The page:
San Diego Workforce Partnership, a local employment consultant, has released some stats on the con’s impact on local employment, concluding that convention center staffers are paid $320,000 for working during the con, which requires 100% of the staff where other cons only need 80-90%. This information was highlighted in some PR released by CCI, which I’ll quote below, but Con scholars will probably want to read the original report. Among other figures, SDWP estimates for $178 million in economic impact for the 2014 show. I believe this is the highest estimate I’ve yet heard for his metric.
With attendance of 151,000, this year’s NYCC is now the biggest reported North American comics convention, surpassing the San Diego Comic Con’s 130,000. According to show runner Lance Fensterman, the increase of 20,000 from last year was due to selling tickets for a full day Thursday, which was previously a half-day “pro day.
I’m told neither number includes pros and exhibitors and ‘industry support” however, so the exact number of numb and yet enthused people wandering the halls of either Comic-Con has not been released. Given the number of lookie-loos who hang around in San Diego, that event would still seem to be the biggest.
Many people wondered how NYCC could be bigger than SDCC when the Javits Center is smaller than the San Diego Convention Center. I’m sure Torsten can give us the exact dimensions, but on most lists I’ve ever seen, the Javits is actually larger than SD Convetion Center. This stat is misleading however.
The NC Comicon will be held this year November 15-16 in Durham, NC. I’ve attended the last two years and to be blunt, it’s a blast: a comics focused show in a great setting with lots of artists and enthusiastic fans. The show is expanding this year with more animation screenings—including the US premiere of a Kung Fa Panda short— as part of the second ComiQuest Film Fest. But there are also a ton of great comics artists including Fiona Staples, Sean Murphy, Bob Fingerman and John Paul Leon. John Barrowman provides nerdlebrity appeal. The show is run by retailer Alan Gill and artist Tommy Lee Edwards, and they put the effort in to make this a well rounded event.
I know you thought the “con kerfuffle” had faded away, but I think it’s definitely an ongoing burning issue for the industry, in a rapidly evolving field, and Chris Butcher, retailer and a show runner himself for TCAF, as well as booth runner for Udon, has posted a brilliant summation that puts all the eggs in one basket and then hits that basket out of the park:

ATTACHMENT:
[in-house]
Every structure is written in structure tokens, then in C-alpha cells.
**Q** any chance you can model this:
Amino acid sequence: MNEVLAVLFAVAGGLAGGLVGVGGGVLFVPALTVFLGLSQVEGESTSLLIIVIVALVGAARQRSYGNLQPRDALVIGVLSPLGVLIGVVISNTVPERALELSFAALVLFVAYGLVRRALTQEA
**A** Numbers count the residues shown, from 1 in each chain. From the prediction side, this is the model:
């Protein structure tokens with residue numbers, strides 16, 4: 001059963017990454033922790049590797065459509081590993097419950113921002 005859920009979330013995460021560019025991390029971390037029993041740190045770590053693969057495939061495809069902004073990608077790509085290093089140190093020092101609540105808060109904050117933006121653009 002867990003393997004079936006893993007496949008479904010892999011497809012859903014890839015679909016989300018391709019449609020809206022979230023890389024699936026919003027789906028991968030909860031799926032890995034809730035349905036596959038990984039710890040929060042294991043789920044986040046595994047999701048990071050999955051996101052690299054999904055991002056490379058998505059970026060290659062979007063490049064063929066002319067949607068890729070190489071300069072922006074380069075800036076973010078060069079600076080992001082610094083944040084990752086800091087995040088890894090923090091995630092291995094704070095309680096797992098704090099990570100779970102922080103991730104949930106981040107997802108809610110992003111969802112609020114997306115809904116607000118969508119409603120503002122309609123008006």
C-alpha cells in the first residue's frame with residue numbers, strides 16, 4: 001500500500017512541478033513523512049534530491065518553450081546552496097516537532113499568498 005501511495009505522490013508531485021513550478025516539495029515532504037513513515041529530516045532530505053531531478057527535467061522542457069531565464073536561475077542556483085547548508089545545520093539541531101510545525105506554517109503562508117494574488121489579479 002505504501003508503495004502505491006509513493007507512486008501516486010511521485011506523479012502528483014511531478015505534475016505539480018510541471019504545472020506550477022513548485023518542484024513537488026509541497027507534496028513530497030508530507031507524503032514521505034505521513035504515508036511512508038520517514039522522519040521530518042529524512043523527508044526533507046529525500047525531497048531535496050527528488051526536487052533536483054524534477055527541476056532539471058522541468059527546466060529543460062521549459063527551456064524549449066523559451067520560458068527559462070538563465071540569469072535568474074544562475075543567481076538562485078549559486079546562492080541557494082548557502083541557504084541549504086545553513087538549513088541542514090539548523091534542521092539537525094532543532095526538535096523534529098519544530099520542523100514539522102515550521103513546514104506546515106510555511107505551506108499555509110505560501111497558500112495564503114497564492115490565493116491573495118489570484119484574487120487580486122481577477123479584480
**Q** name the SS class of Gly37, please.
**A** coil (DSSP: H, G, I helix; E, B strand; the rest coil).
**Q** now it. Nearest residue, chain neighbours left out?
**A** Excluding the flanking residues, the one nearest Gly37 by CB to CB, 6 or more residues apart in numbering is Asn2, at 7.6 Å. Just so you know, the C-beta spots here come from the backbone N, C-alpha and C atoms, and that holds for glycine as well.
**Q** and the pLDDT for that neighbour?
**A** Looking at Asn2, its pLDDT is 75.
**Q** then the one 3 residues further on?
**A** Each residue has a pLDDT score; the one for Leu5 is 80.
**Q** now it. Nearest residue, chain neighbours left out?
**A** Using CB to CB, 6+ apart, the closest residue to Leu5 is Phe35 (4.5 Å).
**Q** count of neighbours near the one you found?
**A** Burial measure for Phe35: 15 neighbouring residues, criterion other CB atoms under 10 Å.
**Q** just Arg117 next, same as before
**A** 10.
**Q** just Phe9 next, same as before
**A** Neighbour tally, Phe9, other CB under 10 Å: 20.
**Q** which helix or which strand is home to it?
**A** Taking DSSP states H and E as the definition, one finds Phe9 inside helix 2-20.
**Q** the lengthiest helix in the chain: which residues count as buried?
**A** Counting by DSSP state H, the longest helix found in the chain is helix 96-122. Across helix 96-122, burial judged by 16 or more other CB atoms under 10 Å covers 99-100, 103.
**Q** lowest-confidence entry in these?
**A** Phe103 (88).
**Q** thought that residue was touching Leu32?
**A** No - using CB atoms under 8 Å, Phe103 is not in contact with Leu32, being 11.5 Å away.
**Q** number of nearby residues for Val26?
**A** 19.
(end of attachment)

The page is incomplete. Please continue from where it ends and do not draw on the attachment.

Butcher identifies several trends, which I’ll list for argument:
OK, comicsphere, we need to talk about conventions. This convention hubbub that’s flared up in the last week or so is a fairly complex one. Just for the sake of the arguments that are still going on, let’s break this down into the individual issues that are affecting creators that are exhibiting at comics shows.
Issue #1 – CCINO
Yes, I’m borrowing from political rhetoric. “Comic Conventions In Name Only.” Ever been to an alleged comic convention that had little-to-zero comics programming, few (if any) comics publishers exhibiting and pretty much all the comics content was artists alley and anyone selling comics in the dealers area?
Last week Denise Dorman, wife of veteran artist Dave Dorman, who is best known for his excellent painted covers, wrote a post on her blogm which is called Comic Book Wife. The post was titled: The Hidden TRUTH About Comic Book Convention Earnings: For Creators, Have Comic Book Conventions JUMPED THE SHARK? in which she pointed out that sales for her husband were off at several shows this year, and given the costs of exhibiting—hotels booths, food, travel—it made more sense to stay at home and do actual money making work.